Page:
4

I would like to return table from plpgsql function.

Here is my code.

    CREATE FUNCTION test() RETURNS my_table AS
    $BODY$DECLARE
        q4 my_table;
    BEGIN
        q4 := SELECT * FROM my_table;
        RETURN q4;
    END;$BODY$
    LANGUAGE sql;

I am getting following error:

    Error: ERROR:  syntax error at or near "SELECT"
    LINE 5:  q4 := SELECT * FROM my_table;

I started from this questions/tutorials. https://dba.stackexchange.com/questions/35721/declare-variable-of-table-type-in-pl-pgsql && http://postgres.cz/wiki/PL/pgSQL_%28en%29

The idea is that I need to assign this query to a variable. This is only small part of function that I would like to create.

The second problem will be how to iterate through that set and make some mathematical operations and assigning value to some field of that table. However firstly I would like to solve this problem.

  • 1
    I clarified my definition in the referenced answer and added a link to the manual to avoid confusion. – Erwin Brandstetter Sep 28 '15 at 22:58
  • Thanks @ErwinBrandstetter now it's clear. – Artur Laskowski Sep 30 '15 at 10:24
3
CREATE FUNCTION test() 
RETURNS my_table AS
$BODY$
DECLARE
    q4 my_table;
BEGIN
    -- add brackets to get a value 
    -- select row as one value, as q4 is of the type my_table
    -- and limit result to one row
    q4 := (SELECT my_table FROM my_table ORDER BY 1 LIMIT 1);
    RETURN q4;
END;$BODY$
-- change language to plpgsql
LANGUAGE plpgsql;
  • You cannot use variables in sql functions, use plpgsql.
  • You can assign single value to a variable, while select query returns set of rows.
  • You have to select a row as one value, as the variable is of composite type.

Example of using a loop:

DROP FUNCTION test();
CREATE FUNCTION test() 
-- change to SETOF to return set of rows, not a single row
RETURNS SETOF my_table AS
$BODY$
DECLARE
    q4 my_table;
BEGIN
    FOR q4 in
        SELECT * FROM my_table
    LOOP
        RETURN NEXT q4;
    END LOOP;
END;$BODY$
LANGUAGE plpgsql;

SELECT * FROM test();

Read the documentation about Returning From a Function

  • First of all, thanks for your quick answer. Your solution works! However my primary intention was a little different. I was going to keep in my variable whole query solution and return it. Can you please tell me how to exactly assign whole query? – Artur Laskowski Sep 28 '15 at 14:15
  • Can you show me how to assign this whole query to variable. As far as I understand this example, you are returning this query, but I can not store this, am I wrong? – Artur Laskowski Sep 28 '15 at 14:30
  • 2
    Generally data updates should be done in pure SQL using UPDATE statement. Iterations within a function are less efficient and more cumbersome. Basically, you cannot assign the entire query to a variable. You can use cursors, temporary tables, views, etc. I think you should ask a new question with more specific issue. – klin Sep 28 '15 at 14:51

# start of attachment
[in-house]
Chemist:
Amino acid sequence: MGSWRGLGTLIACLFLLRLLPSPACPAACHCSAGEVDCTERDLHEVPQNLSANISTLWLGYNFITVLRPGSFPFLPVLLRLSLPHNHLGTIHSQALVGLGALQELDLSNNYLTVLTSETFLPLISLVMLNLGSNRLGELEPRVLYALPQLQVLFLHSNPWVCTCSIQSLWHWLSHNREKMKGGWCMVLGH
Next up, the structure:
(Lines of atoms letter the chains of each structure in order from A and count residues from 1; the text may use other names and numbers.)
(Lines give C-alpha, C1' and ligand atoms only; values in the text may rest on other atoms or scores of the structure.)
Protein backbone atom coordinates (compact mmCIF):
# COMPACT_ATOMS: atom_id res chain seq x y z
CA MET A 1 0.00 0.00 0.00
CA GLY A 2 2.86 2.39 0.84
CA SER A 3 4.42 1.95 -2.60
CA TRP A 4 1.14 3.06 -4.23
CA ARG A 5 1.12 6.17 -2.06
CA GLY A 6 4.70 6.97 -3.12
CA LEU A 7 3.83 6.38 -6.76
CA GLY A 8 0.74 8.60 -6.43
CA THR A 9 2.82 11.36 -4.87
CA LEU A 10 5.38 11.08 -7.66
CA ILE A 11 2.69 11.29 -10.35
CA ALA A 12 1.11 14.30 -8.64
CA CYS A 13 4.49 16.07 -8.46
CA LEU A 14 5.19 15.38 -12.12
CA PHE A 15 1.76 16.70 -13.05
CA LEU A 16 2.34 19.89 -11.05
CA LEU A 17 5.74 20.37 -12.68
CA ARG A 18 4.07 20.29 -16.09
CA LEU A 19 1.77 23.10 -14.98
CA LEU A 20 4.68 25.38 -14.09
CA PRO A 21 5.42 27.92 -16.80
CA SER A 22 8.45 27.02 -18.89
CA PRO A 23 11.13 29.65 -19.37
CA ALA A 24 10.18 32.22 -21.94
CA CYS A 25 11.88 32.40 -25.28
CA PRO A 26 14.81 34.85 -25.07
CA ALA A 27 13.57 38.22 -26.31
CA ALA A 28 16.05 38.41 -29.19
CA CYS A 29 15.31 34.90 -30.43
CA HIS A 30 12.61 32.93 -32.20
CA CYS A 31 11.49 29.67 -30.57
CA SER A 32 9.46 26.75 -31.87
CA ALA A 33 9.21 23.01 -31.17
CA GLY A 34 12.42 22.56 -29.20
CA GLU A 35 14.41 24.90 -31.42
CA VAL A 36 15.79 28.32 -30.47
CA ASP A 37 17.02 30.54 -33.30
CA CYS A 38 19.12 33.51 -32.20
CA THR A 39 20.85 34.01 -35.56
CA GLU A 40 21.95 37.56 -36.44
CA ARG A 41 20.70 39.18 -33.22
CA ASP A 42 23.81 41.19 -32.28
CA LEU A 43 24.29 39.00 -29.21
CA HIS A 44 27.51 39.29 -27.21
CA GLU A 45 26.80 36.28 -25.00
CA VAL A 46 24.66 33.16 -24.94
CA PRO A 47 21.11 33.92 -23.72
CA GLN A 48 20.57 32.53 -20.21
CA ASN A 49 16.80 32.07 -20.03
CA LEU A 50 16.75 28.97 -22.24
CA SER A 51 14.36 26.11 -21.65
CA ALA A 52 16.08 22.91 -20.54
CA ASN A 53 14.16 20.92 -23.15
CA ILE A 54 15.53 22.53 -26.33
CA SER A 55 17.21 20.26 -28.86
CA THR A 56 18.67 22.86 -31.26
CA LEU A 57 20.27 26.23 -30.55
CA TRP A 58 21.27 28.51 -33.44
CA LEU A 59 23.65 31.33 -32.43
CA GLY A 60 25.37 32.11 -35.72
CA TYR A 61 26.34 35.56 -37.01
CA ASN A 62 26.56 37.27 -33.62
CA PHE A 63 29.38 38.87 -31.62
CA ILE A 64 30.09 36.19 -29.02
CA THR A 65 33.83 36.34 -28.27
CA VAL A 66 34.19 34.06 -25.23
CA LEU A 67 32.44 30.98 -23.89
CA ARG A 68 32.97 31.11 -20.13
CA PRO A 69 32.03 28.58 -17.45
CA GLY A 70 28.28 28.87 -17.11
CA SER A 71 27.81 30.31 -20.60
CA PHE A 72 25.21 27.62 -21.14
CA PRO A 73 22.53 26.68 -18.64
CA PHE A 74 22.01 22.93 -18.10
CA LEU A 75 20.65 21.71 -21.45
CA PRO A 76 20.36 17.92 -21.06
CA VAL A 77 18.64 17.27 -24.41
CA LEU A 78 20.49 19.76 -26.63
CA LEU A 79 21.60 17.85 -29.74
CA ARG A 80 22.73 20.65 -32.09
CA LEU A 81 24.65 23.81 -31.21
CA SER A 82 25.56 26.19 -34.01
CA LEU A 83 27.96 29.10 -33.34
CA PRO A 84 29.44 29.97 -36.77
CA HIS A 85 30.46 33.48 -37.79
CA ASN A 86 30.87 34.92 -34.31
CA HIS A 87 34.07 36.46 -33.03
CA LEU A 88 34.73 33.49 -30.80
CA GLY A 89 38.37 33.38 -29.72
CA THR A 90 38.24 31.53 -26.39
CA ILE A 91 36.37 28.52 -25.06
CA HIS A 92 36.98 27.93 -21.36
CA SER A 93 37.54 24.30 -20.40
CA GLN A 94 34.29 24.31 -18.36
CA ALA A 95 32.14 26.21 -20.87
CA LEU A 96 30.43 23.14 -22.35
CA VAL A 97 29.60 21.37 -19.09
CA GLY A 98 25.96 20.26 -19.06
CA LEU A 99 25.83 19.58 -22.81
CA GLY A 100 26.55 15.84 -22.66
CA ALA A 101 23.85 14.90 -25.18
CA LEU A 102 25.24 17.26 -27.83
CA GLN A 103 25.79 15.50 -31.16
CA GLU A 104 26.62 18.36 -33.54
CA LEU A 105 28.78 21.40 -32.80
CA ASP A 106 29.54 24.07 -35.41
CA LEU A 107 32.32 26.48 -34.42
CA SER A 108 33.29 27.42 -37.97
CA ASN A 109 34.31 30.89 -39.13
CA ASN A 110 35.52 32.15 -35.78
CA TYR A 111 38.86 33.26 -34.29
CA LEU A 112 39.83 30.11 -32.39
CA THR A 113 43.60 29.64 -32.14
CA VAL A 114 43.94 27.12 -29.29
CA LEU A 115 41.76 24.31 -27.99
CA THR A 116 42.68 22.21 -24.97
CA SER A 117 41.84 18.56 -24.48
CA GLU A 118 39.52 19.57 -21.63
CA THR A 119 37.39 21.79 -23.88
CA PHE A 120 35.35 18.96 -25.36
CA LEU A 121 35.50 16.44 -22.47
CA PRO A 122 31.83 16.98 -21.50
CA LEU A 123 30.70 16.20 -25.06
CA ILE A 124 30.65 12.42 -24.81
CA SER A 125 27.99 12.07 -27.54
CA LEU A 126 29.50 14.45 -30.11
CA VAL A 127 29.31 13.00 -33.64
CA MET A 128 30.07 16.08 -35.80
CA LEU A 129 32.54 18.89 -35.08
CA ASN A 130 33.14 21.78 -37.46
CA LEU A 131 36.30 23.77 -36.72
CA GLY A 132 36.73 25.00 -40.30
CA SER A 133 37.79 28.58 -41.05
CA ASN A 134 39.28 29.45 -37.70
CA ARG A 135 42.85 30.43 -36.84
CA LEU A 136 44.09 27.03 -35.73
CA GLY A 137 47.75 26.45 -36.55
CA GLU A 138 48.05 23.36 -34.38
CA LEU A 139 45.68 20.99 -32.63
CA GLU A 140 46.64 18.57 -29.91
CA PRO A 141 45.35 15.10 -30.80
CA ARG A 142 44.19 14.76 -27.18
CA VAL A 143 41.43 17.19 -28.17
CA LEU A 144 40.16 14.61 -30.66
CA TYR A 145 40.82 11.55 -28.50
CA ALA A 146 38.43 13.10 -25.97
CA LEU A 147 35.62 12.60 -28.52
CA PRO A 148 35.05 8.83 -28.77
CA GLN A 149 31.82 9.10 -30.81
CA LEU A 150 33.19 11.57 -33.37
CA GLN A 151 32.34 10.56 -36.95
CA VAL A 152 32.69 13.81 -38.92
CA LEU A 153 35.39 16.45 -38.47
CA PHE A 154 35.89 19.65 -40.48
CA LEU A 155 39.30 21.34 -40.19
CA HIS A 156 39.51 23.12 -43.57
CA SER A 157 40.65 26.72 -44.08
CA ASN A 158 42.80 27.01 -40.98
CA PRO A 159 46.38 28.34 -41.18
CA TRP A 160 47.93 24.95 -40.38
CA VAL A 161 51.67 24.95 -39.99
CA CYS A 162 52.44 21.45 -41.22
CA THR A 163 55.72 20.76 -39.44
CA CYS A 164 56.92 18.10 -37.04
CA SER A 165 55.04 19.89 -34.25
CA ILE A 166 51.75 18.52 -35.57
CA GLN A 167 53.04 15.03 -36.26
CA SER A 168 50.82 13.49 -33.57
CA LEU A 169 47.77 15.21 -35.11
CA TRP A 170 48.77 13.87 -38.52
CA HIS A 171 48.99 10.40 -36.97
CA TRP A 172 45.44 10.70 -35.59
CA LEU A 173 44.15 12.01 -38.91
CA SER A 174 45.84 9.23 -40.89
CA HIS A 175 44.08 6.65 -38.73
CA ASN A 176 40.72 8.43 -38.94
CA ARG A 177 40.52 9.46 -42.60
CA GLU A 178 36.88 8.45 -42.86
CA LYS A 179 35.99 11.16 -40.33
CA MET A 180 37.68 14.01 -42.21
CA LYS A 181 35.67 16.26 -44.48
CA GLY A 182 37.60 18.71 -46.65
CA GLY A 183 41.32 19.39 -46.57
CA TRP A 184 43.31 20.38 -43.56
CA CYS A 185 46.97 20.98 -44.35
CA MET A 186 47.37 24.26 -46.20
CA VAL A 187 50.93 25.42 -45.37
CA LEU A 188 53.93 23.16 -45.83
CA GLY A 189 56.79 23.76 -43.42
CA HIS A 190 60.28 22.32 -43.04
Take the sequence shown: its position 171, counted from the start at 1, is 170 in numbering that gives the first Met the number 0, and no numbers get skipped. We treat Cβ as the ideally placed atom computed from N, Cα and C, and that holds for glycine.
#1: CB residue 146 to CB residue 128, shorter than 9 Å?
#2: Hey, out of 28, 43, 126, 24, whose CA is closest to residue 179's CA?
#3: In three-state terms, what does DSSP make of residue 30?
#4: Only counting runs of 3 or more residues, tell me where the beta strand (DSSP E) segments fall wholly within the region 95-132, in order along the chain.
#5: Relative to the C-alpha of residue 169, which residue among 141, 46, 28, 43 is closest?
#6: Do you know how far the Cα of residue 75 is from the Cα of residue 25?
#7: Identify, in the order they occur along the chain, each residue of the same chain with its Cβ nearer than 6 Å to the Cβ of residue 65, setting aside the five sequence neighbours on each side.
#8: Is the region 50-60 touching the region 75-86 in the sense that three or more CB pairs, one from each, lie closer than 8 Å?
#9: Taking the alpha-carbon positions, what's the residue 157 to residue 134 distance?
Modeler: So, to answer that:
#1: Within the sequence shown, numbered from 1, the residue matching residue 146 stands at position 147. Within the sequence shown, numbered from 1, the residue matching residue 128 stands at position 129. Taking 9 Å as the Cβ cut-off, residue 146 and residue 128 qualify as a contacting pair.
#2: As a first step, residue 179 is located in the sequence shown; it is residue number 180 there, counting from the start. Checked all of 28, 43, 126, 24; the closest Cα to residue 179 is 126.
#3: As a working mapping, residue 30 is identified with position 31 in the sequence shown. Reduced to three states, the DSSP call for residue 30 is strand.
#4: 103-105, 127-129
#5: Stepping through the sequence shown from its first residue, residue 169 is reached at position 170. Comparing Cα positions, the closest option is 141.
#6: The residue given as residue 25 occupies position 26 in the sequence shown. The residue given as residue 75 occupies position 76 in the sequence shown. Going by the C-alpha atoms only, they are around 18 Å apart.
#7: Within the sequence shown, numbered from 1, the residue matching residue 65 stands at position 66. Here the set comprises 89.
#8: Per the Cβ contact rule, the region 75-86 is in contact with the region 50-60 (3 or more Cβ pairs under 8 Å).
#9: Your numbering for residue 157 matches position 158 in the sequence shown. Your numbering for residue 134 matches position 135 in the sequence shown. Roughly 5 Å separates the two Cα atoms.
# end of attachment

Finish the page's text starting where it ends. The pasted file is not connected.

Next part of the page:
• I managed to solve problem by myself. Your help was greatly useful, thanks. – Artur Laskowski Sep 30 '15 at 10:29
3

PostgreSQL has not table variables. So you cannot to return table via any variable. When you create any table, then PostgreSQL creates composite type with same name. But it isn't table type - it is composite type - record.

CREATE TABLE xx(a int, b int);

CREATE OR REPLACE FUNCTION foo()
RETURNS xx AS $$
DECLARE v xx;
BEGIN
  v := (10,20);
  RETURN v;
END;
$$ LANGUAGE plpgsql;

Function foo returns composite value - it is not a table. But you can write some function that returns set of composite values - it is table.

CREATE OR REPLACE FUNCTION foo(a int)
RETURNS SETOF xx AS $$
DECLARE v xx;
BEGIN
  FOR i IN 1..a LOOP
    v.a := i; v.b := i+1;
    RETURN NEXT v;
  END LOOP;
  RETURN;
END;
$$ LANGUAGE plpgsql;

postgres=# SELECT * FROM foo(3);
┌───┬───┐
│ a │ b │
╞═══╪═══╡
│ 1 │ 2 │
│ 2 │ 3 │
│ 3 │ 4 │
└───┴───┘
(3 rows)

When the result is based on query, you can use RETURN QUERY. It is little bit faster, shorter, more readable than FOR IN SELECT and RETURN NEXT:

CREATE OR REPLACE FUNCTION foo2(a int)
RETURNS SETOF xx AS $$
BEGIN
  RETURN QUERY SELECT * FROM xx
                  WHERE xx.a = foo2.a;
  RETURN;
END;
$$ LANGUAGE plpgsql;

Use these functions carefully. They are a black box for optimizer, so optimizer cannot to optimize query in function and outer query together, it must to optimize these queries separately, and this shouldn't be effective for some complex queries. When outer query is simple, then it should not be a problem.

  • What's the purpose of RETURN; in sixth line? I removed this and it still work (probably) correctly. – Artur Laskowski Sep 29 '15 at 10:43
  • 1
    In Set Returning Function the RETURN is optional. I am using it explicitly, because it is clean signal for any readers ~ it means "yes, I really want to finish here". – Pavel Stehule Sep 29 '15 at 16:48
1

Maybe too late for the original OP but may help others. You can simply return SETOF tabletype instead. I modified the original code as an example.

CREATE FUNCTION test() RETURNS SETOF my_table AS
$$
    DECLARE
        q4 my_table;
    BEGIN
        FOR q4 IN SELECT * FROM my_table LOOP
            RETURN NEXT q4;
        END LOOP
    END;
$$
LANGUAGE plpgsql;

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